Unbound MEDLINE

Elderly health and its correlations among Uzbek population.

Abstract

This study was conducted from November, 2007 to May, 2008 to evaluate the health status of the elderly and correlated factors affecting their health. We collected data from 682 individuals 65 years or older (214 male) from greater Tashkent City in Uzbekistan. The study revealed that 75.4% of the respondents were aged <75 years and that 16.8% of them were not educated. About three-quarters of the respondents rated themselves as 'healthy'. The odds ratios (ORs) and 95% confidence intervals (CIs) were estimated through a logistic regression model to determine correlations of elderly health, and adjusted for age and sex. The elderly who had additional income were 2.6 times (95% CI = 1.8-4.0) more likely to be healthy. Similarly, those <75 years old (OR = 1.5, 95% CI = 1.0-2.2), were able to do everyday duties (OR = 6.0, 95% CI = 3.8-9.3), and those who were married (OR = 4.1, 95% CI = 1.7-9.7) were also healthy. Conversely, males (OR = 0.6, 95% CI = 0.4-0.9) and the elderly who were supported by sources other than their own income from work were not healthy. We concluded that having a strong family relationship and adhering to a traditional lifestyle are important for protecting elderly health in Uzbekistan. Substantial financial support and personal care are necessary for the elderly. Creating a healthy atmosphere for them at an individual and family level could ensure a better quality life for the elderly in Uzbekistan.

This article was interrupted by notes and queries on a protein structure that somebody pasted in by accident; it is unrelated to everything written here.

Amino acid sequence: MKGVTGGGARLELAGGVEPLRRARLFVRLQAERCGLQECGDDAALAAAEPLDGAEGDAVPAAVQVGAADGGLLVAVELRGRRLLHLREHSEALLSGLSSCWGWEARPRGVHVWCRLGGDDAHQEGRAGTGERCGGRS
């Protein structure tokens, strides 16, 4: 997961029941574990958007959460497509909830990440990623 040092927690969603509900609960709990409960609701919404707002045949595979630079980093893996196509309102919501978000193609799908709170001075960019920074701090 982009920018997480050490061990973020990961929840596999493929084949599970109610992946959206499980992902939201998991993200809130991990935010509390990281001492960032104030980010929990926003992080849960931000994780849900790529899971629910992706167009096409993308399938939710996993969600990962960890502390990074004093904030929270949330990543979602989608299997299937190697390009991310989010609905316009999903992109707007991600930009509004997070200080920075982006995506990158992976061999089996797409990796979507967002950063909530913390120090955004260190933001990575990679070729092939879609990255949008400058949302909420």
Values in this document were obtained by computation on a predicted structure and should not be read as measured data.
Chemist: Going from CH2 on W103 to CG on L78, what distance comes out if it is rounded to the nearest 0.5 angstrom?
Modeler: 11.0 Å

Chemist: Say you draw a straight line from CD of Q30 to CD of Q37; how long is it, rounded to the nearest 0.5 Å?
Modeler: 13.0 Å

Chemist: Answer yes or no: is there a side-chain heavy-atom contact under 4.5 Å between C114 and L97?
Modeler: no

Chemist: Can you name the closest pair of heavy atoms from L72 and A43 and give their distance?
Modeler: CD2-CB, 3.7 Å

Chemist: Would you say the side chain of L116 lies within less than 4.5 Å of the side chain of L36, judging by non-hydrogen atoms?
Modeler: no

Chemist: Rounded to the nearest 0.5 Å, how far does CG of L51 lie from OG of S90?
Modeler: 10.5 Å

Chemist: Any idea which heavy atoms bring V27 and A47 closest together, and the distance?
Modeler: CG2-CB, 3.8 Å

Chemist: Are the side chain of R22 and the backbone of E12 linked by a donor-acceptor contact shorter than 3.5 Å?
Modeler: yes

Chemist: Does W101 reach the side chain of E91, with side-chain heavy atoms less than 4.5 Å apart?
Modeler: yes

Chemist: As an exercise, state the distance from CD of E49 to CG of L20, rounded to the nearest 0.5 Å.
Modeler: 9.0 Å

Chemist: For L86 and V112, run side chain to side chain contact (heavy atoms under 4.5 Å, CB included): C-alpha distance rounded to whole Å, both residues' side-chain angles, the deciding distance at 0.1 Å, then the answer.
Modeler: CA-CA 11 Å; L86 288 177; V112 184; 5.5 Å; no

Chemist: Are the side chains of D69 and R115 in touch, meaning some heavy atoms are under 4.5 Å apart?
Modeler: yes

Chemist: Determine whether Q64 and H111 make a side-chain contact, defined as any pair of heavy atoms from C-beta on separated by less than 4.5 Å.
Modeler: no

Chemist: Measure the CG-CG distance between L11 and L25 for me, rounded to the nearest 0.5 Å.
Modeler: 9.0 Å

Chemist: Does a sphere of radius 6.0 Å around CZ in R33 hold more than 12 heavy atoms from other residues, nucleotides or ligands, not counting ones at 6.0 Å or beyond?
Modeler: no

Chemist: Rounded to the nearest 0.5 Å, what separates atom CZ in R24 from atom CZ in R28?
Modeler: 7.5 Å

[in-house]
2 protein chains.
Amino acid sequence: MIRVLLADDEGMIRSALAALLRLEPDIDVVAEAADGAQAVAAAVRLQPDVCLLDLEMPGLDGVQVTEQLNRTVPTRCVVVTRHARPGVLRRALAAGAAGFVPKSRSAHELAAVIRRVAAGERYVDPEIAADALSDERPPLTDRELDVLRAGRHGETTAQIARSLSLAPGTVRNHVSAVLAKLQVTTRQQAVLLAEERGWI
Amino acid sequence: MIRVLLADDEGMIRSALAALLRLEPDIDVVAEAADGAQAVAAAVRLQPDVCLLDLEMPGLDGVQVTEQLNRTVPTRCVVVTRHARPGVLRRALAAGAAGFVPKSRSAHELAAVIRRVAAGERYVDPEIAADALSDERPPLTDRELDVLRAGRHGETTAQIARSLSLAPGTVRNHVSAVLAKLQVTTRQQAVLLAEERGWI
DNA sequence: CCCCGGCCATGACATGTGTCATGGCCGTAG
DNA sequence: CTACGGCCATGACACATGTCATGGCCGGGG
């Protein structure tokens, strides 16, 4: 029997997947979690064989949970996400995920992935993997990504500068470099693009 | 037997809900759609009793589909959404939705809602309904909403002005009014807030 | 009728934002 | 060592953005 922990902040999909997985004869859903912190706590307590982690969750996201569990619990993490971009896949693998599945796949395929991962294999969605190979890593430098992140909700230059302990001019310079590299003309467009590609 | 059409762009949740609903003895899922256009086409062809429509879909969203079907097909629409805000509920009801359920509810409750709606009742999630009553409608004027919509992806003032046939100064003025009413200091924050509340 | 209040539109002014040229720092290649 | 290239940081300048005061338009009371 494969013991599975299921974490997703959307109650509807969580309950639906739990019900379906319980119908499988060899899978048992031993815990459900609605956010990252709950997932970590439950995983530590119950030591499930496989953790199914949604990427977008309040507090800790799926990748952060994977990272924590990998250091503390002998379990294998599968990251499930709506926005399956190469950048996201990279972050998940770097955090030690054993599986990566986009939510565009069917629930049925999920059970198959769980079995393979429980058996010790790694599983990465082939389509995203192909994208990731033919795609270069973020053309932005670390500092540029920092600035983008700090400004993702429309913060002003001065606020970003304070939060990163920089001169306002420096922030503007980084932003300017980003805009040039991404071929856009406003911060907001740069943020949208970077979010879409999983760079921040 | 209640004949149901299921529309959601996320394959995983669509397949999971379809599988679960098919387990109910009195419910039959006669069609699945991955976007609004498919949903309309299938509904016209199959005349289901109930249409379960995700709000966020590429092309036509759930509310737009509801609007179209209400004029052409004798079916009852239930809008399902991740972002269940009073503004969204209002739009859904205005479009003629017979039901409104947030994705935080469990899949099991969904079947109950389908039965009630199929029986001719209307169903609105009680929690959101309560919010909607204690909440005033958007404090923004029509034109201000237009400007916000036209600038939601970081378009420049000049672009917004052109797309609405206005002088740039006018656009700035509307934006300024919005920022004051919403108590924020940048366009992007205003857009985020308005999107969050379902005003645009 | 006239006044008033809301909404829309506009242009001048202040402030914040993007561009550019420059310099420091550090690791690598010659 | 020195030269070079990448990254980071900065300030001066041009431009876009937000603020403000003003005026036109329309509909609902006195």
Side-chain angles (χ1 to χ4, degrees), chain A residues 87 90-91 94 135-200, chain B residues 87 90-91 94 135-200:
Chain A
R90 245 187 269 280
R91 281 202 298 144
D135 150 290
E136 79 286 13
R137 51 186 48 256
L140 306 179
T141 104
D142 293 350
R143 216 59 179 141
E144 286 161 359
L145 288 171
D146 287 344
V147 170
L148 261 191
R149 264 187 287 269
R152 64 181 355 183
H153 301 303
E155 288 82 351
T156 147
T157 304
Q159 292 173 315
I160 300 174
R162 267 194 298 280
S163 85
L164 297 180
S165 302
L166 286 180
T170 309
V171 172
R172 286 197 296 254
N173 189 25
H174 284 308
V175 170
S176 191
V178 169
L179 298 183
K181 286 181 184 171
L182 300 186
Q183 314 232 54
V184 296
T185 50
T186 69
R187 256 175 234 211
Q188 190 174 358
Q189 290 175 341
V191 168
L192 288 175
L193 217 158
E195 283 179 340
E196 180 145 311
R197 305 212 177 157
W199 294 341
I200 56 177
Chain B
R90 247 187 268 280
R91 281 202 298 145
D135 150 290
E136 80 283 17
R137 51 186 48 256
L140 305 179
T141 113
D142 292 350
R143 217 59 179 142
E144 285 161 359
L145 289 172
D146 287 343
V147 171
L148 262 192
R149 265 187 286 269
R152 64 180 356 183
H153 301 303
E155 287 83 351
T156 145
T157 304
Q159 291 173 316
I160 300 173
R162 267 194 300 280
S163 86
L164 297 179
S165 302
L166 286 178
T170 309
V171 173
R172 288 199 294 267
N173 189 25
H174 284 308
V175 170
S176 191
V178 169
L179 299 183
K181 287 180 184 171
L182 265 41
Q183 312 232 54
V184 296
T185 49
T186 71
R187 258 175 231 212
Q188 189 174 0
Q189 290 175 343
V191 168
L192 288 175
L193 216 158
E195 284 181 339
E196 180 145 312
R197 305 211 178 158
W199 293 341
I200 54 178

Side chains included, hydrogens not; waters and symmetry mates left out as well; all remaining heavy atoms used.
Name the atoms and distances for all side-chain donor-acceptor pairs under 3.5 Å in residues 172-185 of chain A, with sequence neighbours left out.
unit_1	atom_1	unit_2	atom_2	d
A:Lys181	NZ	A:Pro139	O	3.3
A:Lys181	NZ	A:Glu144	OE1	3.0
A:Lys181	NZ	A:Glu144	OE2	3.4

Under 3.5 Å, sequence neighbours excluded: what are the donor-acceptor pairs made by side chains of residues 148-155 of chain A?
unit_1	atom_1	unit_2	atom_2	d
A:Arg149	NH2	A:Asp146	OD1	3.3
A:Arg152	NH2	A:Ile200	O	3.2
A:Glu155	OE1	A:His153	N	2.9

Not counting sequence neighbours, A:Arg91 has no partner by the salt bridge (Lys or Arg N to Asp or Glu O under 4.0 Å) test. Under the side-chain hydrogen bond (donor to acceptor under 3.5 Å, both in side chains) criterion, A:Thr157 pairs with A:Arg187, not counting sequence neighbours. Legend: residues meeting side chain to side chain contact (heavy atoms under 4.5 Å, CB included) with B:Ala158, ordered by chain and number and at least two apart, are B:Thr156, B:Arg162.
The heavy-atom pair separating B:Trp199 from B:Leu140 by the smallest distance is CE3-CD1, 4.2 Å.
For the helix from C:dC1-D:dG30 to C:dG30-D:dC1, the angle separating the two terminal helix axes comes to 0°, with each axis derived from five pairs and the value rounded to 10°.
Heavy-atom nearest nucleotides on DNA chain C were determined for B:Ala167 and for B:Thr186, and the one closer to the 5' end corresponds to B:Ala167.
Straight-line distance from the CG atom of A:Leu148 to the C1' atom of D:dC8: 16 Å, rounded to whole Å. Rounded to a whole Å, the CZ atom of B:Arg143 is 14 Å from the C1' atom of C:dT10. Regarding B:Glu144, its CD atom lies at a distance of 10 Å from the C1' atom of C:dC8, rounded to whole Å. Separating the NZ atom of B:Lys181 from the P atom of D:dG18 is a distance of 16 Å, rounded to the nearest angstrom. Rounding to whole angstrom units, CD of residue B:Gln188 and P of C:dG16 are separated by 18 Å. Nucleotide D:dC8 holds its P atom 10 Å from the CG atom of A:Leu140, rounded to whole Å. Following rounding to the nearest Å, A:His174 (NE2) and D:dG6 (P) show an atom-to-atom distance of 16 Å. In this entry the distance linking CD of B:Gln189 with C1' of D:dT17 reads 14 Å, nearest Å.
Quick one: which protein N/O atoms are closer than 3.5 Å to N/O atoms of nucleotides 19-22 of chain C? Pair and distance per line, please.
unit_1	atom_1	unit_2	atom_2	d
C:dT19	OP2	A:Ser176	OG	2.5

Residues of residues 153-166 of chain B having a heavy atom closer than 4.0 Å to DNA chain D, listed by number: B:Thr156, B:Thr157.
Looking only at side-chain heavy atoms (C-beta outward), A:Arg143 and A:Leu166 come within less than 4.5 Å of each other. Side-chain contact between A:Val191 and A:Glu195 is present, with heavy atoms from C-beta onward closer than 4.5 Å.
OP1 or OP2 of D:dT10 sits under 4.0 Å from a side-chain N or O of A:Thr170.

Authors

Pulatova G, Harun-Or-Rashid M, Yoshida Y, Sakamoto J

Source

Nagoya journal of medical science 74:1-2 2012 Feb pg 71-82

MeSH

Age Factors
Aged
Aging
Confidence Intervals
Cross-Sectional Studies
Family Relations
Female
Geriatric Assessment
Health Status
Health Status Indicators
Health Surveys
Humans
Life Style
Logistic Models
Male
Odds Ratio
Quality of Life
Questionnaires
Risk Assessment
Risk Factors
Socioeconomic Factors
Uzbekistan

Pub Type(s)

Journal Article
Research Support, Non-U.S. Gov't

Language

eng

PubMed ID

22515113